What’s the Difference between PCR Tests and Lateral Flow Tests?

 What’s the Difference between PCR Tests and Lateral Flow Tests?

In order to keep uninfected people safe from the infected ones and prevent the virus from spreading, individuals can leverage two kinds of diagnostic tests – PCR (Polymerase Chain Reaction) and lateral flow (rapid antigen) tests.

Rather than having to visit the healthcare clinic or labs to test yourself for the virus, you can also perform the tests at home by yourself. For this, you can easily find government-approved Lateral Flow test kits for sale online.

Whether you opt for a PCR or lateral flow test, you need to know their differences for better effectiveness and the right course of action that meets your expectations. Therefore, in this article, we have simplified the complex procedures and differences. Read below to learn!

What Is a PCR Test?

A swab for a PCR test is taken from either the nasal, upper throat, back of the throat, saliva, or sputum.

The key here is to amplify (or multiply) one virus DNA collected from the swab into billions to ensure the slightest traces of coronavirus genetic material are detected. That’s why it’s the gold standard for detecting the SARS–CoV–2 virus with 100% accuracy.

To explain the procedure in detail, the polymerase chain reaction technique is used. As soon as the sample is collected, the RNA (single-stranded DNA) is converted into double-stranded DNA by treating it with an enzyme.

The double-stranded DNA is then mixed and heated with polymerase (an enzyme) to convert it into two separate single-stranded DNA molecules.

The next step is decreasing the temperature, and another solution called primer is used to make sure polymerase sticks to the single-stranded DNA molecule and replicates it.

This way, you get 2 copies of the coronavirus DNA from the 1 RNA sample. The same cooling and heating process is repeated 30-40 times until there are one billion original sample replicas.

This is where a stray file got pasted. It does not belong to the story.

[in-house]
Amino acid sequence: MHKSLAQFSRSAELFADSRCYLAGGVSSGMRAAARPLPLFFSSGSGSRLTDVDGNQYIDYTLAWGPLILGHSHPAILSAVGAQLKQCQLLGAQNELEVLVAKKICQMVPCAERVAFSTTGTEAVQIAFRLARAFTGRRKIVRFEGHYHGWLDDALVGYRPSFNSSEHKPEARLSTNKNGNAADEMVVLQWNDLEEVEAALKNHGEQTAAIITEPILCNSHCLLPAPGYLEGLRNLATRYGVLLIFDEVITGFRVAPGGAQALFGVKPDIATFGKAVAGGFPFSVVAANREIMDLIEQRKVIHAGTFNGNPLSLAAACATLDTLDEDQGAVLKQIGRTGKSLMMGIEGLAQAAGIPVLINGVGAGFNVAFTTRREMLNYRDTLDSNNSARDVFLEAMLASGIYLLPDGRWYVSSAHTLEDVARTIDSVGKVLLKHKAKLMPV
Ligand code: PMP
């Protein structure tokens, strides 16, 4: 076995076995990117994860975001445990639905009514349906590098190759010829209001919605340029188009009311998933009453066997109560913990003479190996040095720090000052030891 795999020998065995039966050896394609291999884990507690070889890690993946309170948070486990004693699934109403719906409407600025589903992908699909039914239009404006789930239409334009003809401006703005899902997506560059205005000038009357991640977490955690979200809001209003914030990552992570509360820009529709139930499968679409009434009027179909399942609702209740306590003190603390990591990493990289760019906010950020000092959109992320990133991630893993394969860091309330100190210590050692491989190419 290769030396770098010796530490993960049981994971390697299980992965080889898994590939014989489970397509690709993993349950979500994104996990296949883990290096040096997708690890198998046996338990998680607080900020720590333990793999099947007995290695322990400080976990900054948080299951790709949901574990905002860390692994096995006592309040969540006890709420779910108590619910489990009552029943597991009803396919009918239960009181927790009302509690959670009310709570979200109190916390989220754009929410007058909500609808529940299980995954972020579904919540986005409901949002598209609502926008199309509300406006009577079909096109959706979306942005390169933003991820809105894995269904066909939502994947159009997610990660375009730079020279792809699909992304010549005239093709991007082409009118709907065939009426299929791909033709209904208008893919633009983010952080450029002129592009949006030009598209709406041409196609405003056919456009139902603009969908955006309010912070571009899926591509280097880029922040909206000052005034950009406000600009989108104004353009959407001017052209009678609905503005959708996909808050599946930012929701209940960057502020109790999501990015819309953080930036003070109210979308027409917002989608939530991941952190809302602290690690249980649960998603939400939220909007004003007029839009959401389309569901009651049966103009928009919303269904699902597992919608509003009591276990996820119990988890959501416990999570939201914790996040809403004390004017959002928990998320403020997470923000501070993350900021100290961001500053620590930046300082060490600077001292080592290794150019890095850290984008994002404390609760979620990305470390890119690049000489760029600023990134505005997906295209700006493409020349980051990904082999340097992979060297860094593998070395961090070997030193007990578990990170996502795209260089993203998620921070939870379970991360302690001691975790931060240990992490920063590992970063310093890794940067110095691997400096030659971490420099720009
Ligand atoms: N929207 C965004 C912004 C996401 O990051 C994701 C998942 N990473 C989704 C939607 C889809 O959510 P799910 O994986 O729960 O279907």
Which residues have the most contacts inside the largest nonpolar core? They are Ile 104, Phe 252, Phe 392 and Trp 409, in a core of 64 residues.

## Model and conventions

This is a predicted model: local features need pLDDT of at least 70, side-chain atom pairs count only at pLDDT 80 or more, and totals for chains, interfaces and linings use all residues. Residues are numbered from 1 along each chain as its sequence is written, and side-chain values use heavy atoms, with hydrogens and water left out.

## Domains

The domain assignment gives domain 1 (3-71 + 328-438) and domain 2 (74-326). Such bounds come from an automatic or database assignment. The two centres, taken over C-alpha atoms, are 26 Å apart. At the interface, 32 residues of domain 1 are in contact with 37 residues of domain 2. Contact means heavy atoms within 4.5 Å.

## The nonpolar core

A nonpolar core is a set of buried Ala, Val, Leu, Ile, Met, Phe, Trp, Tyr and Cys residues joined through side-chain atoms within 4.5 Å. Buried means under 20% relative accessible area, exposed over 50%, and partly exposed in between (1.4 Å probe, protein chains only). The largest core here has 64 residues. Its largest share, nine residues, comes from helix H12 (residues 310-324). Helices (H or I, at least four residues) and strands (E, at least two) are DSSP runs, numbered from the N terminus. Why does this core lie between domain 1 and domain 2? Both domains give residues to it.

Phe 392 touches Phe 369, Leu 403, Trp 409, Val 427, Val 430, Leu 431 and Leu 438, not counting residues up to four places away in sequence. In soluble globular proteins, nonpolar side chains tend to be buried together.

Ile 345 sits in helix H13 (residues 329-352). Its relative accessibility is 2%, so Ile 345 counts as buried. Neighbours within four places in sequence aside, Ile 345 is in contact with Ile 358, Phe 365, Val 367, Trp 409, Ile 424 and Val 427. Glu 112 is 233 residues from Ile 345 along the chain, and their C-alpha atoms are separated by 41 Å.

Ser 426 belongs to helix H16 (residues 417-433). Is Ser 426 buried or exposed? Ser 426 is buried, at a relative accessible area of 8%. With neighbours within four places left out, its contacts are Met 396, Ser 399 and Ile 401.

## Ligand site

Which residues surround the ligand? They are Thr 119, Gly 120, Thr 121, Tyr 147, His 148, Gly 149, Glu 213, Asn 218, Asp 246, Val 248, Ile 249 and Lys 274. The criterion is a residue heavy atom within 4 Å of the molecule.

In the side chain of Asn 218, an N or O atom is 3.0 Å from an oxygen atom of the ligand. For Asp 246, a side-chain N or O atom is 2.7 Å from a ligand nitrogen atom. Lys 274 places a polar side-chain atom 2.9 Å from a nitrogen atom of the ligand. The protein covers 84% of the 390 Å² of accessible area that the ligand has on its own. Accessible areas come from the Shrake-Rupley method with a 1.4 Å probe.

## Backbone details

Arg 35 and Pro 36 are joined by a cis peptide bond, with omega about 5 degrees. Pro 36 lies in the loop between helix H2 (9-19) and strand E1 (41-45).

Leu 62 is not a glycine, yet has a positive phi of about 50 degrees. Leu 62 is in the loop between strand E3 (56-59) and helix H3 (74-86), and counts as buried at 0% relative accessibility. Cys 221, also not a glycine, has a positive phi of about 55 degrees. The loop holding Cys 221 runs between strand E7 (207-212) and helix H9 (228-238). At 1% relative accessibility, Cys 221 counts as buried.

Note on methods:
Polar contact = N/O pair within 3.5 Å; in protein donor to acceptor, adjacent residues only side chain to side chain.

Pros and Cons

As there are a billion copies of the original RNA of the virus, the PCR test leaves no space for inaccuracy in detecting coronavirus, even if it’s in the scarcely detectable amount.

Therefore, it is ideal for asymptomatic people or if the symptoms have just started to show or fade away. You don’t even need to repeat the test, as the results are accurate.

The downside to PCR tests is that only lab experts can conduct this procedure because this requires expertise and the use of machines. The turnaround time is between 1 and 3 days and can cost anywhere between $70 and $100.

What Is a Lateral Flow Test?

A lateral flow test, also called a rapid antigen test, uses a test strip to quickly show a negative or positive result. It’s just like how a pregnancy test strip works.

When your body detects a foreign substance (called antigens) like bacteria, viruses, or toxins, it releases antibodies as immune system response.

A sample is collected through the nasal or upper throat for a rapid antigen test. That sample is then treated with a solution to separate cells. This liquid is applied to the test strip, which is pre-painted with antibodies specific to coronavirus.

If the same coronavirus antigens are found in the sample, the painted antibodies on the test strip will react the same way as in your body, and you will see a colored line which means you’re tested positive for the virus.

Pros and Cons

Rapid antigen or lateral flow tests are effortless to use at home by an individual. They are also pretty cheap compared to PCR tests (around $15). Moreover, you don’t have to wait for several days for results, as you get results within 15 to 30 minutes.

On the other hand, rapid antigen tests are not always accurate. Especially if you’re asymptomatic, or you have an early-stage infection, which means you have a small number of antigens in your body, the test strip won’t be able to detect the virus due to low sensitivity. Therefore, you may have to redo another test to confirm the results.

Check out: What Crimes Are Solved Using DNA Testing?

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